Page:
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Oncore IT opens new UK Information Office for press & analysts to provide commentary about achieving best practice in the Cloud
London, UK – Feb. 22, 2012 — /BackupReview.info/ — The market is buzzing with interest and activity around the Cloud. But the bottom line is that many decision makers – particularly those in small to medium sized businesses – face real confusion trying to select a partner and working out the best way forward with the Cloud given the grandiose claims by some suppliers about what it can actually deliver in terms of reducing CAPEX, streamlining OPEX and so on.
That’s why at Oncore IT we’re opening an Information Office for press and analysts interested in the whole area of Cloud computing.
Technical and commercial experts are available to brief you about the practical realities of scoping, delivering and using Cloud services, with Oncore IT’s customers able to share with you their experiences of actually doing so.
Given the F.U.D [fear, uncertainty and doubt] surrounding the Cloud, this post outlines Oncore IT’s advice for companies about what to look for in a Cloud pitch to ensure IT and ultimately commercial success.
What should a Cloud partner’s DNA actually look like?
‘Must have’ things to look for are as follows:
But as the Cloud becomes the latest ‘Gold Rush,’ too many contenders offer the opposite – inflexible ‘standard’ solutions that fail to deliver to the expectation of the client.
To Cloud or not to Cloud. Is that really the question?
Of course, there are really very few technology items that are completely resistant to being delivered in a Cloud fashion. The issue is if that would be done at too high a cost. For instance, if an organisation has limited access to adequate bandwidth, it is unlikely it will be able to provision enough functionality this way.
At the same time, if a customer has useful bespoke software applications that really can only reside on a ‘fat client’ it is going to be more pragmatic to keep them where they are. The converse is just as true: if the customer wants to run a thin client environment in the Cloud but with a small user base for that application, the licensing impact may be heavy if the ISV then requires payment for the whole organisation.
The recommendation is that any use of the Cloud therefore has to meet a customer’s current (and desired longer-term) ICT landscape and requirements. The emphasis must be on total solution design, not ‘Cloud for Cloud’s sake’.
For those people who think a move to Cloud will eliminate the need for, say, any internal infrastructure at all, or minimal to zero hardware investment, it sometimes comes as a mild shock to hear otherwise. The rubric here is that ROI could be financial, production environment improvement or operational – never just financial.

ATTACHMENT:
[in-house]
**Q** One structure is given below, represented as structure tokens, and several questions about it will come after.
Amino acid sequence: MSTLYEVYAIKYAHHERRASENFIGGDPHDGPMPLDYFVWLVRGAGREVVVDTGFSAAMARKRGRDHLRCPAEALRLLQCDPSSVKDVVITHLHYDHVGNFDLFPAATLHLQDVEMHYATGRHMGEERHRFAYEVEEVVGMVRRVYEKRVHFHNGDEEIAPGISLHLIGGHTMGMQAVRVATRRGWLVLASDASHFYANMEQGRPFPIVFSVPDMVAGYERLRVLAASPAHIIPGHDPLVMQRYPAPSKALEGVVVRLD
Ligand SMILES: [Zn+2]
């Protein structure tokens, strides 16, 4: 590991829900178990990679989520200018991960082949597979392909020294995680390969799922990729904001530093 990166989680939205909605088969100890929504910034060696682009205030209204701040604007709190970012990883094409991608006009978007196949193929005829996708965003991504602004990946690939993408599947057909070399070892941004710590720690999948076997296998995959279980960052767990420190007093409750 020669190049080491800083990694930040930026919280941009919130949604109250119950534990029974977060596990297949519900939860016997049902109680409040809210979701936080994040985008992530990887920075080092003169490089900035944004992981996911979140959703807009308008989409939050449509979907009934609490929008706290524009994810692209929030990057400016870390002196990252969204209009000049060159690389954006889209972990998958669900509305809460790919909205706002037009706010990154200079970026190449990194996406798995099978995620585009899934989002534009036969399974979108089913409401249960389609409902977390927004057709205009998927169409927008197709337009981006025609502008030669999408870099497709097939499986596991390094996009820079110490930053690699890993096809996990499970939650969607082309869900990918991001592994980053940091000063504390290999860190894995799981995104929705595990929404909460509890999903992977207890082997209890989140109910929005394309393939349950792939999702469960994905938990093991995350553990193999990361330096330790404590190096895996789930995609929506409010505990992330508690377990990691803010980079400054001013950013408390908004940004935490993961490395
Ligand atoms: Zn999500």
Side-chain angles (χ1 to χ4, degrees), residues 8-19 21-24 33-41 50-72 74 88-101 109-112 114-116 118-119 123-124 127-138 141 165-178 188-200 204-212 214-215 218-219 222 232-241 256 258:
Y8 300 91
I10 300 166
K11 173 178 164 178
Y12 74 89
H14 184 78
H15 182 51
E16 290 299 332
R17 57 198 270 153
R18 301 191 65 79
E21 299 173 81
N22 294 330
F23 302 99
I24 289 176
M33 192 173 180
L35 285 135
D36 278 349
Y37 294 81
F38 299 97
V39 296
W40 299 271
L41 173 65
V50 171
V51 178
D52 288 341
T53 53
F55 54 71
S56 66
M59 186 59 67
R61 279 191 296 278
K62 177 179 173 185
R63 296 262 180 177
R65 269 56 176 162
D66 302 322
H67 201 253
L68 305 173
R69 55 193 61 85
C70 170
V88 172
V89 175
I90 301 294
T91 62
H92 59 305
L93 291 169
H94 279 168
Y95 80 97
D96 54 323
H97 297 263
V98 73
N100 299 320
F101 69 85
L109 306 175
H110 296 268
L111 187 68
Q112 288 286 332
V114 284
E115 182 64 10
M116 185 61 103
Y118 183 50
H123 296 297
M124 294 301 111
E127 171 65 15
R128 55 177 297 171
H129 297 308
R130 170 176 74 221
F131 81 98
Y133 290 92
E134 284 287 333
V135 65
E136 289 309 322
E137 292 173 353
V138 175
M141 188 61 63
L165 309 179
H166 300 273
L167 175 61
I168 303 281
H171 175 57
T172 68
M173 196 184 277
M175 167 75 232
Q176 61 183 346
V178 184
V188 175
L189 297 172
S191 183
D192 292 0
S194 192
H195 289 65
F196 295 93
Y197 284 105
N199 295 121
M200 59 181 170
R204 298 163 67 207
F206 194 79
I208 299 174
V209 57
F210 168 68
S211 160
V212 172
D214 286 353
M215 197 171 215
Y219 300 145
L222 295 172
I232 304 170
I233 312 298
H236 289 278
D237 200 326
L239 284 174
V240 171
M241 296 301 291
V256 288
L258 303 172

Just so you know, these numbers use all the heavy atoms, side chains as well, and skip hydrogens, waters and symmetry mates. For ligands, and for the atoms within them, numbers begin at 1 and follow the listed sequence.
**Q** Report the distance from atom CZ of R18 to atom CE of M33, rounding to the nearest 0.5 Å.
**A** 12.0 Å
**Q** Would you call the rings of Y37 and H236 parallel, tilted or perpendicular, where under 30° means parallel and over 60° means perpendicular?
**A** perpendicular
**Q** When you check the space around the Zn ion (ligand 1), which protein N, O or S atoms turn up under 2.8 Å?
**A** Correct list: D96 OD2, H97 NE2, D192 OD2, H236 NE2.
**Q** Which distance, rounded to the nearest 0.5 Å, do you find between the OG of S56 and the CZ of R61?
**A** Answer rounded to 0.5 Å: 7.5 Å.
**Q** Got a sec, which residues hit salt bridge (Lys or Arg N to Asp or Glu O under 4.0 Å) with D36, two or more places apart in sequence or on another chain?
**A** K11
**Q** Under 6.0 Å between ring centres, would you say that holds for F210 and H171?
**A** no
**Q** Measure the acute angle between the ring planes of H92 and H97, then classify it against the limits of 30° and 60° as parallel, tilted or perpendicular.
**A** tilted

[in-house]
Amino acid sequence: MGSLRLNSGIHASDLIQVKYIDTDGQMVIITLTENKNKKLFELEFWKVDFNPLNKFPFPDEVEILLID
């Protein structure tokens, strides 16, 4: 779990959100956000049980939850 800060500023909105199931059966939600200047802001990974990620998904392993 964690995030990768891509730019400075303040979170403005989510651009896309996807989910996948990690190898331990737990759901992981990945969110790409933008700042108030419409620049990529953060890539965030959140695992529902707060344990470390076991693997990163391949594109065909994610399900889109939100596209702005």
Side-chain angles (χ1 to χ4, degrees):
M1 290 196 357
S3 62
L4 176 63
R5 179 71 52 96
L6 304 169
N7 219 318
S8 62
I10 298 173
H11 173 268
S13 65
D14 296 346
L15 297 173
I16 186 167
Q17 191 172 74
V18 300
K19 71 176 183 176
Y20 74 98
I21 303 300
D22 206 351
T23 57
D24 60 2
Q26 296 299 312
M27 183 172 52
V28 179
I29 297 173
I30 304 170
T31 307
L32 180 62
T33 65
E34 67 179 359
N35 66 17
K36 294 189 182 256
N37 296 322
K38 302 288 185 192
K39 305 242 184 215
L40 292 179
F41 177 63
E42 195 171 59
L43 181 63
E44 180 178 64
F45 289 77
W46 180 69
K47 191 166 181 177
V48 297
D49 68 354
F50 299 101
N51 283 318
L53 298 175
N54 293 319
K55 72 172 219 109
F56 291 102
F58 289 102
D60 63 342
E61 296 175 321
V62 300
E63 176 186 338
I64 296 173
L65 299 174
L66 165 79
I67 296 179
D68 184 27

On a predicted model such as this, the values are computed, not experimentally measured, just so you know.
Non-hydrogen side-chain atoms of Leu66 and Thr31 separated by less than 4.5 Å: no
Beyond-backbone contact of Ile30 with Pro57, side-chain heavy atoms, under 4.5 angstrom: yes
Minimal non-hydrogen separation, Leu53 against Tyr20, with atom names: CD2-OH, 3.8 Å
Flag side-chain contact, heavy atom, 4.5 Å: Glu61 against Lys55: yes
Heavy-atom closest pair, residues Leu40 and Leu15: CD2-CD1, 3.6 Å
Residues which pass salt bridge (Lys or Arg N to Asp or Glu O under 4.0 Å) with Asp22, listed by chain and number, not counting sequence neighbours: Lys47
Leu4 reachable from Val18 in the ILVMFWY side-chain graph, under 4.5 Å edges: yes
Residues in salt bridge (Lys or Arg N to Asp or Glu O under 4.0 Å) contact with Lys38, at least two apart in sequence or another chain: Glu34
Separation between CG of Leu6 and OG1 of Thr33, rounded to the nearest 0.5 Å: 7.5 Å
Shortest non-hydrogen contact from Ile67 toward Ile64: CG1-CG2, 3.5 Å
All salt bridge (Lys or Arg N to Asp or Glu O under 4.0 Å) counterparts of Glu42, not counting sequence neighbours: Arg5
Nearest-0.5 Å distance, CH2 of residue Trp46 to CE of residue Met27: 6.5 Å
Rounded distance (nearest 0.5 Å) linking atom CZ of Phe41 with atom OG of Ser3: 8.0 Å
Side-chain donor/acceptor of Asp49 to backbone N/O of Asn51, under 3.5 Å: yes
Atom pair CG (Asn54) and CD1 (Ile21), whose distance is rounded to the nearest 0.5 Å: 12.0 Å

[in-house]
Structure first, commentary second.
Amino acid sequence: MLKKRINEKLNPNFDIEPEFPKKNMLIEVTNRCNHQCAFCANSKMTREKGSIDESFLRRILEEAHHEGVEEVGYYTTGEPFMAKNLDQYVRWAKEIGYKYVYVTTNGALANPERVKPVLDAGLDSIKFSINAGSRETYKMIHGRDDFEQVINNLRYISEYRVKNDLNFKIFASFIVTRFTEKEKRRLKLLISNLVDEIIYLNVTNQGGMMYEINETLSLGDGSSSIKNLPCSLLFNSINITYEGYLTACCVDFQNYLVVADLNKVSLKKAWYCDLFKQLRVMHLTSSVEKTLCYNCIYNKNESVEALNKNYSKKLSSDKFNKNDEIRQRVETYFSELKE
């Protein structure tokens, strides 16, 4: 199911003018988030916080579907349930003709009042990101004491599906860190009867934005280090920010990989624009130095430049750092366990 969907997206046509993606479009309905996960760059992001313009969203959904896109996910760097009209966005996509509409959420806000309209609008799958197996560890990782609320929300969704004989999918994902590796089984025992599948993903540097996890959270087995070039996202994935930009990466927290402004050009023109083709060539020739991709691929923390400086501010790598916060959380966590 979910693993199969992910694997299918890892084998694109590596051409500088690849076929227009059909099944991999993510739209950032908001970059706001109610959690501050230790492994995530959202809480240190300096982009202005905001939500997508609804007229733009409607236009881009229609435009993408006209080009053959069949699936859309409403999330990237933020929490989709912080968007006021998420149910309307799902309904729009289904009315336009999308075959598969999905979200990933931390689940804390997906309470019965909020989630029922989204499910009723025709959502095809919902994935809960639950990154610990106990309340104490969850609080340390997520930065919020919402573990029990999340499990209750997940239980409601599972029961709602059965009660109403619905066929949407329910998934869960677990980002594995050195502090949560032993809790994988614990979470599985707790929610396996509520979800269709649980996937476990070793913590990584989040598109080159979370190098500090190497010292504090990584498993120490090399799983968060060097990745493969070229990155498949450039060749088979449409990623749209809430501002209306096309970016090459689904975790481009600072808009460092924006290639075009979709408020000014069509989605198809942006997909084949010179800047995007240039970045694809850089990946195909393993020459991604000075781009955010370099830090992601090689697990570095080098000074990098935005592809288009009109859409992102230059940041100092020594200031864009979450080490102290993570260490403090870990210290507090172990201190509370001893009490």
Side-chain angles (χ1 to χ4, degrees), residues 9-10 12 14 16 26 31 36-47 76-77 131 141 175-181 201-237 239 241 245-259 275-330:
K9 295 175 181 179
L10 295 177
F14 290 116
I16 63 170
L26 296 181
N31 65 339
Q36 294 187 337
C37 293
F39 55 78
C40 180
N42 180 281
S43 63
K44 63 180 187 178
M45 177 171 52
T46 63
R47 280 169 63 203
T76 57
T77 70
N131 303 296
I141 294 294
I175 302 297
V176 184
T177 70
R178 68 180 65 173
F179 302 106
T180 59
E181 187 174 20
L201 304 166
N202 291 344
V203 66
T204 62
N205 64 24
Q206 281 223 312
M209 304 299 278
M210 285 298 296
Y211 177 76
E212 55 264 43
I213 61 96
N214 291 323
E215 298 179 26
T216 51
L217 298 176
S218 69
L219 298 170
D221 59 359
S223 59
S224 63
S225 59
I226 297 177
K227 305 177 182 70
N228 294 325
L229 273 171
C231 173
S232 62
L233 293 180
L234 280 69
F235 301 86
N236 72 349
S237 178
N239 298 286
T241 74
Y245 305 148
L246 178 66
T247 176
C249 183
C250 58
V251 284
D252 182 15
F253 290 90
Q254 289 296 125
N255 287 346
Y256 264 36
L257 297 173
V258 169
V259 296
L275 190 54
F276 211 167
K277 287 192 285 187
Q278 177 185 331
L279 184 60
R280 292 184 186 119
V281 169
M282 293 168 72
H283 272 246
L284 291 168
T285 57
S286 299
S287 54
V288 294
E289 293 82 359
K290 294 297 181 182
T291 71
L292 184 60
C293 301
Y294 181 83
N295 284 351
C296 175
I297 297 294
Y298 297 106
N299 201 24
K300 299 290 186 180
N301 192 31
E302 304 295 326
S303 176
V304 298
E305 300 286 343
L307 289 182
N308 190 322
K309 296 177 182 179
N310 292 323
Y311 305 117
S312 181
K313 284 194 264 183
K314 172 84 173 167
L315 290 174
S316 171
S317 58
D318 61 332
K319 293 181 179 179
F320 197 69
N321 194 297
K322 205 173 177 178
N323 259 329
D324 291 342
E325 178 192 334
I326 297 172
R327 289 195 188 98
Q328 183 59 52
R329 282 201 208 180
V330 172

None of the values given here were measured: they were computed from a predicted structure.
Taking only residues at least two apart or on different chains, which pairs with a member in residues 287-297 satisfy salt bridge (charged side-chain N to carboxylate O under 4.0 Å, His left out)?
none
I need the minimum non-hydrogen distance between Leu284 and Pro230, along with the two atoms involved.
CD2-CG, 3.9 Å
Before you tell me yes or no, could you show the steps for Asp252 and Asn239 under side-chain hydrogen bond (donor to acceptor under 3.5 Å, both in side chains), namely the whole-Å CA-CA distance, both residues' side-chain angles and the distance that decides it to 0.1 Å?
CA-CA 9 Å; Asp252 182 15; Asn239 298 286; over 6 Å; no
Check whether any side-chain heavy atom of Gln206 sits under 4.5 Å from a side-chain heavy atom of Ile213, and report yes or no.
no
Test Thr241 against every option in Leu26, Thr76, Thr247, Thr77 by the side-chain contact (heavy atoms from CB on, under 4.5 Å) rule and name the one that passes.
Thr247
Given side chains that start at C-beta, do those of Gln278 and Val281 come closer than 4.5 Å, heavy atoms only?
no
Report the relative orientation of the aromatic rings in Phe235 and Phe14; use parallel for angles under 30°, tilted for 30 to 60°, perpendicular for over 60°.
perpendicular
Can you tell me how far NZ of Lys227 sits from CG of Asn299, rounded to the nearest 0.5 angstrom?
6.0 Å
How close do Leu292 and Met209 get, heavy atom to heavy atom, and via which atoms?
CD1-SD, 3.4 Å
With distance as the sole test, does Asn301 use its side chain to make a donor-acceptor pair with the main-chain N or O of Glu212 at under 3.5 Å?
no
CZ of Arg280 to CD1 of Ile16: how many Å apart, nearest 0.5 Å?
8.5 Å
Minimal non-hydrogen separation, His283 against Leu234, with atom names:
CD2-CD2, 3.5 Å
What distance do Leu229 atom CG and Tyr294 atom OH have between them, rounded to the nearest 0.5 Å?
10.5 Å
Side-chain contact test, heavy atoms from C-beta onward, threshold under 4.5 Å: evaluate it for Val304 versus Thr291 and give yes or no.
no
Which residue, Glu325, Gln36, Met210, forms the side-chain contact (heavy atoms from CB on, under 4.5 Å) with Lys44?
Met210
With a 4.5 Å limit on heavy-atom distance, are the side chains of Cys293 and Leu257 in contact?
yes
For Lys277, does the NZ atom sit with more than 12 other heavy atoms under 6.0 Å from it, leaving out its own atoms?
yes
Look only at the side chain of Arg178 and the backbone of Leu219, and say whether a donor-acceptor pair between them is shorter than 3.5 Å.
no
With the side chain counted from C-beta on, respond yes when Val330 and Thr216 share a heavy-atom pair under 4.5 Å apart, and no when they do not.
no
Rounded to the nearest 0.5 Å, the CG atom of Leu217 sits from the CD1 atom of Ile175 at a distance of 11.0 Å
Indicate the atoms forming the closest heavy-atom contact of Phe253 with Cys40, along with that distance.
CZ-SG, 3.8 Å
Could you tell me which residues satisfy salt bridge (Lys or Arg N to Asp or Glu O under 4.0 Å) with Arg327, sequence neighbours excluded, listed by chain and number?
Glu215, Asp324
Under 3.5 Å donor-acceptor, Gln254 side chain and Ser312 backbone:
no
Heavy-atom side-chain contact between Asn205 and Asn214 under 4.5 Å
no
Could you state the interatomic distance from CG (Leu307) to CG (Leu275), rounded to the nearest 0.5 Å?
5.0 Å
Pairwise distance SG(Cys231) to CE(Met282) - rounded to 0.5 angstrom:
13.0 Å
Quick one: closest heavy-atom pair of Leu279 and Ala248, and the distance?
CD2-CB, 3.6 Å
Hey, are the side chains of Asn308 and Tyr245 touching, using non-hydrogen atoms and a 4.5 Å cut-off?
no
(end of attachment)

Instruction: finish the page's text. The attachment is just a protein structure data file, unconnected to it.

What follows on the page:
Based on in-depth consultation and preliminary analysis – and only based on it – will a supplier worth the money proffer a template for a suggested new topology that may or may not include elements of, say, public, private or hybrid types of Cloud.
Perhaps it would be best to get back to basics. If it isn’t a guaranteed cost-saver or magic answer, why would I want to do Cloud again?
Establishing best practice in terms of using the Cloud as a delivery platform
This statement can in turn be decomposed as follows:
Infrastructure capability to ensure security
Competence and capacity to guarantee availability
Such an approach will be for naught but good intentions unless backed up by industrial-strength compute potential. In the Cloud context, this means the rented infrastructure or platform should be housed in a high performance facility.
It should not be necessary to add, but alas it probably is: none of this will be worth paying for unless it is well supported by a broad, experienced set of engineers at the partner end able to offer true round-the-clock and preferably local support.
Connectivity is king
It may also be highly desirable to obtain geographical dispersal. This is advantageous as it can mean much more robust security and longevity for your data. The best solution: datacentres in different countries – not just in-house duplication.
Service Level Agreements set expectations for the right Cloud relationship
Cloud can offer a sunny future
An impossible set of conditions? The truly exciting thing about using Cloud where appropriate with the right kind of flexible, competent and honest provider is that it seems the most convincing option the CIO has ever had here in ‘squaring the circle.’ But it stands or falls on what a Cloud partner can bring to the party and their ability to deliver.
Source: Oncore IT
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